Kassie Cattoor rounds up success
Kassie Cattoor is the 14-year-old daughter of Troy and Sandy Cattoor of St. George, Utah.
“I have a 12-year-old brother, Kash (aka – Shorty),” explains Cattoor. She continues, “And then I have a sister who’s 6 named Kazely (aka – Pistol) and another 3-year-old sister named Kaybrie.” When asked about the significance of the first letter of each child’s name, Kassie replies, “Honestly, I don’t know why we’re all named like that.”
Honestly … whatever the rational … it works. Each of the K. Cattoors are making a name for themselves in the rodeo arena — and the oldest is setting the pace.
Kassie finished third in the 2012 National Little Britches Rodeo Association (NLBRA) Junior Girls All-Around standings, a repeat of her results from 2011. She won the short-go round in barrel racing in 2009 and again in 2012.
In the National High School Rodeo Association’s (NHSRA) Junior High Division, Cattoor has earned the All-Around Cowgirl saddle in Utah each of the last two seasons. She hopes to make it three-for-three in 2013.
Cattoor’s success in the sport is fitting. After all, the English word, “rodeo,” comes directly from the identical Spanish word. The most common translation is “round-up.” Coincidently, that’s what the Cattoors do best.
Cattoor Livestock Roundup, Inc., (CLR) began commercial round-ups of wild horses, burros, and cattle in 1975. The company, which contracts with the Bureau of Land Management (BLM), the U.S. Forest Service, and private individuals in nine Western states, specializes in the gathering of large herds on open range. CLR is owned and operated by Kassie’s grandparents, Dave and Sue Cattoor, along with her dad and mom.
“My dad and granddad, and a crew of seven to 12 wranglers and pilots, are gone all winter,” explains Kassie. From July through March the crew travels from site to site to gather wild herds. The family has perfected the art of gathering these animals efficiently and humanely.
“I went along with my dad until I was about 4,” says Cattoor. “We just camped and caught wild horses,” she says. “I loved it.” Kassie continues, “The helicopter rides were the best. I would get to go up with them sometimes and it was a lot of fun.”
CLR is known for using helicopters alongside traditional cowboys on horseback to gather livestock. The family promotes the use of the aircraft as less stressful on the animals being gathered. The herds see the machines as more of a nuisance than threat, and will move away from the craft more from natural instinct than fear. This improves the ease and safety of all involved.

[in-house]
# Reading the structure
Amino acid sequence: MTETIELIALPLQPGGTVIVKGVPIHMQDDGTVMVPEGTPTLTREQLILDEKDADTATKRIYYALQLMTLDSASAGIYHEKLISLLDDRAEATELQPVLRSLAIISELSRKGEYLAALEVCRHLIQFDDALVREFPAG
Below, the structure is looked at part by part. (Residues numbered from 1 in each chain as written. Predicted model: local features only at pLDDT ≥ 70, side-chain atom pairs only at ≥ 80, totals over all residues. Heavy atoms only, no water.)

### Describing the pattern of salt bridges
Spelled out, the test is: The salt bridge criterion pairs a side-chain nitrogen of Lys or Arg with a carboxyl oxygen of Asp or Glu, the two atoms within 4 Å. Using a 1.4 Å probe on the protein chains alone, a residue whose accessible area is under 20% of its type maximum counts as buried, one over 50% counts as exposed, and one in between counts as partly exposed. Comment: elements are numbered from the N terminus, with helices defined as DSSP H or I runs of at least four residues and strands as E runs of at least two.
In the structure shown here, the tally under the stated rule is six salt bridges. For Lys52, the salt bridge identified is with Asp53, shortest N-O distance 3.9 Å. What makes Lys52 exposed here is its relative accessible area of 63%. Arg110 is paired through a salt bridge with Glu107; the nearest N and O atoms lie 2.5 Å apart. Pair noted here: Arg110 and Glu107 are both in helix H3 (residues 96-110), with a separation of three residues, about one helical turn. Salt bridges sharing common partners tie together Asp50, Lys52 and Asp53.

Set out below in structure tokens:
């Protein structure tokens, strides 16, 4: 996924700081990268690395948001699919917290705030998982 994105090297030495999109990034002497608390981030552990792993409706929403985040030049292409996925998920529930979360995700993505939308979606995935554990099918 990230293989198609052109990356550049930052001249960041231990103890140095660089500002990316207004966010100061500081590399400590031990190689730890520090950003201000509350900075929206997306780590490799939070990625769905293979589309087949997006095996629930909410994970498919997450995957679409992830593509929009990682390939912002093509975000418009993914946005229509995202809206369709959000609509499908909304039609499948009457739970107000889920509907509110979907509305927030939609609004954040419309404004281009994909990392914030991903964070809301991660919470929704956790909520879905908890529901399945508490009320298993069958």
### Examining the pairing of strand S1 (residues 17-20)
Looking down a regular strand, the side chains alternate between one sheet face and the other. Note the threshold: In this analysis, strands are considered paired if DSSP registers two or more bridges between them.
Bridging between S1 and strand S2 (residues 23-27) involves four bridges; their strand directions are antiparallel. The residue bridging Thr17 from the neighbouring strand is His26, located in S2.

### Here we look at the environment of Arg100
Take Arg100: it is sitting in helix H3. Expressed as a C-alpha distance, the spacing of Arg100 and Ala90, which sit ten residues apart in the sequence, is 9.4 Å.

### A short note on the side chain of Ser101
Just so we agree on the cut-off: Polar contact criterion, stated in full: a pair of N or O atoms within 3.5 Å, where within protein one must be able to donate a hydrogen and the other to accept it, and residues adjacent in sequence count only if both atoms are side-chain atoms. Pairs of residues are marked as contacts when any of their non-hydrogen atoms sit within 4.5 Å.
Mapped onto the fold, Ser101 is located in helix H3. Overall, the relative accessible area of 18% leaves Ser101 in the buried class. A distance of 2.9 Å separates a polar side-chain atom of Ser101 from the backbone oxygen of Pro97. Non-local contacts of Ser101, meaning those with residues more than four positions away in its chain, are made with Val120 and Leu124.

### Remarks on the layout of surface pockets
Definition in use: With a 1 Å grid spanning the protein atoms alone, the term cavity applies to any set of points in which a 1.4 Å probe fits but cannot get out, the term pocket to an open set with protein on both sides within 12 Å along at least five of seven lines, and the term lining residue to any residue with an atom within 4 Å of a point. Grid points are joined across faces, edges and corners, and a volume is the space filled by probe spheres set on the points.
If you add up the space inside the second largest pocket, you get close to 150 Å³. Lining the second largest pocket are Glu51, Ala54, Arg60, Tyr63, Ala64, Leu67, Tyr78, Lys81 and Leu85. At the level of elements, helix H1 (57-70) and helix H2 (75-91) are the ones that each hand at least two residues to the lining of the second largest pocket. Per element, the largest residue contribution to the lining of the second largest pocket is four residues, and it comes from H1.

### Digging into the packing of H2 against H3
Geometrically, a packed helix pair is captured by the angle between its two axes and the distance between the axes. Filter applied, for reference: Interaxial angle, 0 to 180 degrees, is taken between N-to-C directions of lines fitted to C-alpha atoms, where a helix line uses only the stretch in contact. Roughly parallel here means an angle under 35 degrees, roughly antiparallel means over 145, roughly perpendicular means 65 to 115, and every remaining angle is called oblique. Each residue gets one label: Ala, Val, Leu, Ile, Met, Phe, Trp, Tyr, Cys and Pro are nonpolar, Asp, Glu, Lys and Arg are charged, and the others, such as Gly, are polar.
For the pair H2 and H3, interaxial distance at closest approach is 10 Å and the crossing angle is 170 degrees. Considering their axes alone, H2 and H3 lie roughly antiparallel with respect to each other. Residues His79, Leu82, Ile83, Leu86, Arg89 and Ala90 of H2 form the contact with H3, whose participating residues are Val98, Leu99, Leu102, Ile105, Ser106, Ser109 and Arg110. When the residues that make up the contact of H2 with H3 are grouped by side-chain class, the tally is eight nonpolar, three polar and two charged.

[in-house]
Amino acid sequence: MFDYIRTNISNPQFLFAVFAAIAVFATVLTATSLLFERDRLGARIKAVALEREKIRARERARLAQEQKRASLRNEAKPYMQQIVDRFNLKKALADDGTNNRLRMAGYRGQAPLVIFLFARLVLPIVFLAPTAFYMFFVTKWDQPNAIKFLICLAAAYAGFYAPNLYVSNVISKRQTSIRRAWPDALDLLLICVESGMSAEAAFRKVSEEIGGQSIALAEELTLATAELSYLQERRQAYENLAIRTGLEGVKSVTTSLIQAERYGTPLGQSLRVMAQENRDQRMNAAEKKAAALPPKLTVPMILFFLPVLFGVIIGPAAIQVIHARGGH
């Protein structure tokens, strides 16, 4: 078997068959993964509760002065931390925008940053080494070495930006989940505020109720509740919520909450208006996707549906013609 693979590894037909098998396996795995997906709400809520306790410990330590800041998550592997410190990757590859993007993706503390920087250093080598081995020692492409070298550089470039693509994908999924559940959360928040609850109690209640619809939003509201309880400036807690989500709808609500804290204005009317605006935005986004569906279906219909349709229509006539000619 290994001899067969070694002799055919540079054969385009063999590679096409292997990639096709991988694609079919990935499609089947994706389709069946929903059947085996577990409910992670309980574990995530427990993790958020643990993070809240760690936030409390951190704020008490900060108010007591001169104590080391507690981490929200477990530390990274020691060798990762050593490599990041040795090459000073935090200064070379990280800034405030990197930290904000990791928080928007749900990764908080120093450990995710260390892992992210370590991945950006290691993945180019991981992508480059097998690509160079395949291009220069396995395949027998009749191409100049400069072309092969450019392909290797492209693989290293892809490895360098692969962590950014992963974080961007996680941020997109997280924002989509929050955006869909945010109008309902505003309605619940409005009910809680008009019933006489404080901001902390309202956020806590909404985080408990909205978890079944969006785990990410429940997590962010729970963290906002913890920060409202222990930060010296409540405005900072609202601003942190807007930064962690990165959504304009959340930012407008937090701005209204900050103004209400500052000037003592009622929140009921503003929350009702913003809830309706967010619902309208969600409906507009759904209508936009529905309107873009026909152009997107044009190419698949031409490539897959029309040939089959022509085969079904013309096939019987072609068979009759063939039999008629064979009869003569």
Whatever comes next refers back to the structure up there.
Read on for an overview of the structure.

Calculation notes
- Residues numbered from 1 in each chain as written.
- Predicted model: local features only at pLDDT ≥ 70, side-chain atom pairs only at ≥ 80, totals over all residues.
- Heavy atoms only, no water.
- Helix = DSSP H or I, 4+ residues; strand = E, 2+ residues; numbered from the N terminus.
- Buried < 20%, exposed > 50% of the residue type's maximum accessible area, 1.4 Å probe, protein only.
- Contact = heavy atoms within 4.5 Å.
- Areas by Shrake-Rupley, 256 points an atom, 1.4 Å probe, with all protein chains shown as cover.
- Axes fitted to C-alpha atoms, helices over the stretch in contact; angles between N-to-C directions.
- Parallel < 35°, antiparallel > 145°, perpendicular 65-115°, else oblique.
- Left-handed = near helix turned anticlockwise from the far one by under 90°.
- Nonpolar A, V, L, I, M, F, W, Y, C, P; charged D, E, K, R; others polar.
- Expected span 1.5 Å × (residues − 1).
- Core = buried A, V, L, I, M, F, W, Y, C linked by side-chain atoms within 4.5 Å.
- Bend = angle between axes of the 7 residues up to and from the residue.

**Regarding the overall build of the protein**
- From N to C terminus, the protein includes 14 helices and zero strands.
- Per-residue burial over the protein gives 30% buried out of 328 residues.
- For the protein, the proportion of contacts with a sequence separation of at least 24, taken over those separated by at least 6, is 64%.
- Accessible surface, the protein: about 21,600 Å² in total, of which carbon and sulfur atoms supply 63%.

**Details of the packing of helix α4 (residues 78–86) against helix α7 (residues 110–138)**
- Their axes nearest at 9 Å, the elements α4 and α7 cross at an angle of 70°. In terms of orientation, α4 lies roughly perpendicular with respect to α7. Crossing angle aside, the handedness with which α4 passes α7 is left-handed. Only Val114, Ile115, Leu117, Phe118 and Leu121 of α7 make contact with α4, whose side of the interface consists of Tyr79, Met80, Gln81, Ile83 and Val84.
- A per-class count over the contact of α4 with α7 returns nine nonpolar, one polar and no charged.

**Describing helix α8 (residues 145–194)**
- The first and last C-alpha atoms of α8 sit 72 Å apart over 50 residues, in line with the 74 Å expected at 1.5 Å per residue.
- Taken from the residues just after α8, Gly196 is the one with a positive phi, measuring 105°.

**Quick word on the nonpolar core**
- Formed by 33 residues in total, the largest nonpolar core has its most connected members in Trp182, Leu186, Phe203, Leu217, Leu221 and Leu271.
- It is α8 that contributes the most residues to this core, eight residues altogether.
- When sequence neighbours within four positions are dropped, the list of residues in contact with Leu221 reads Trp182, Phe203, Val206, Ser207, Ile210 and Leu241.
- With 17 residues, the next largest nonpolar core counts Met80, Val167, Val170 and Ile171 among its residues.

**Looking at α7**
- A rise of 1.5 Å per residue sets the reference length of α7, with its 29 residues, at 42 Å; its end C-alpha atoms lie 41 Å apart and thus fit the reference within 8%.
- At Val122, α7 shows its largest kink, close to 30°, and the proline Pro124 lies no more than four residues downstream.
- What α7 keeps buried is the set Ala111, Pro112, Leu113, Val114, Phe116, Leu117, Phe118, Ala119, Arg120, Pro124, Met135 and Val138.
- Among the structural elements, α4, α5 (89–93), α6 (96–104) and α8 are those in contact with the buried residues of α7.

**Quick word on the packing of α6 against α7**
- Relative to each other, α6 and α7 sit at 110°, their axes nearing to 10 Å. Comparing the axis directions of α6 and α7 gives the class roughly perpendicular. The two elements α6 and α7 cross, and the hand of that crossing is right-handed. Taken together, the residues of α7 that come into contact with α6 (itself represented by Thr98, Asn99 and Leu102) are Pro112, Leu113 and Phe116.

Camping out, catching wild horses, and riding in helicopters all day long makes for a pretty good story growing up. Incredibly, for Kassie, the story gets even better.
“A guy named Steve Hartman had a television show when I was a kid called ‘Everybody Has a Story,’ recalls Cattoor. The premise of the show was based on Hartman choosing a location to visit by tossing a dart over his shoulder at a map. He would travel to the spot the dart landed with his camera man, Les Rose, and then pick a subject for a story at random out of the phonebook.
Here Kassie interjects, “This is back when people used phonebooks.”
Anyway … Hartman would then contact his choice and tell their story. When Hartman’s dart landed on Nephi, where the Cattoors lived at the time, he travelled to Utah and called up the family. “He stayed with us for several days and did a story on me,” says Kassie.
This was just Cattoor’s first appearance on television. She’s appeared many times since, thanks to RFD-TV and her achievements as a contestant at the National Little Britches Finals Rodeo (NLBFR) in Pueblo, Colo.
Kassie and her siblings work every event they are eligible. This equates to seven or more runs in each performance of every rodeo they enter. At the NLBFR, this amounted to a total of 14 during the two performances, with the chance also to compete in a short-go round for every event — over the course of just five days.
“I look forward to the NLBFR every year,” states Cattoor. She continues, “This is my favorite association because you can take your whole family to the rodeo. My brother, sisters, and I get to be together and compete. I’ve also been able to meet a lot of people at these rodeos and make friends from all over. I also like that you can win your money back at some rodeos, and I like competing in the jackpots at the finals.”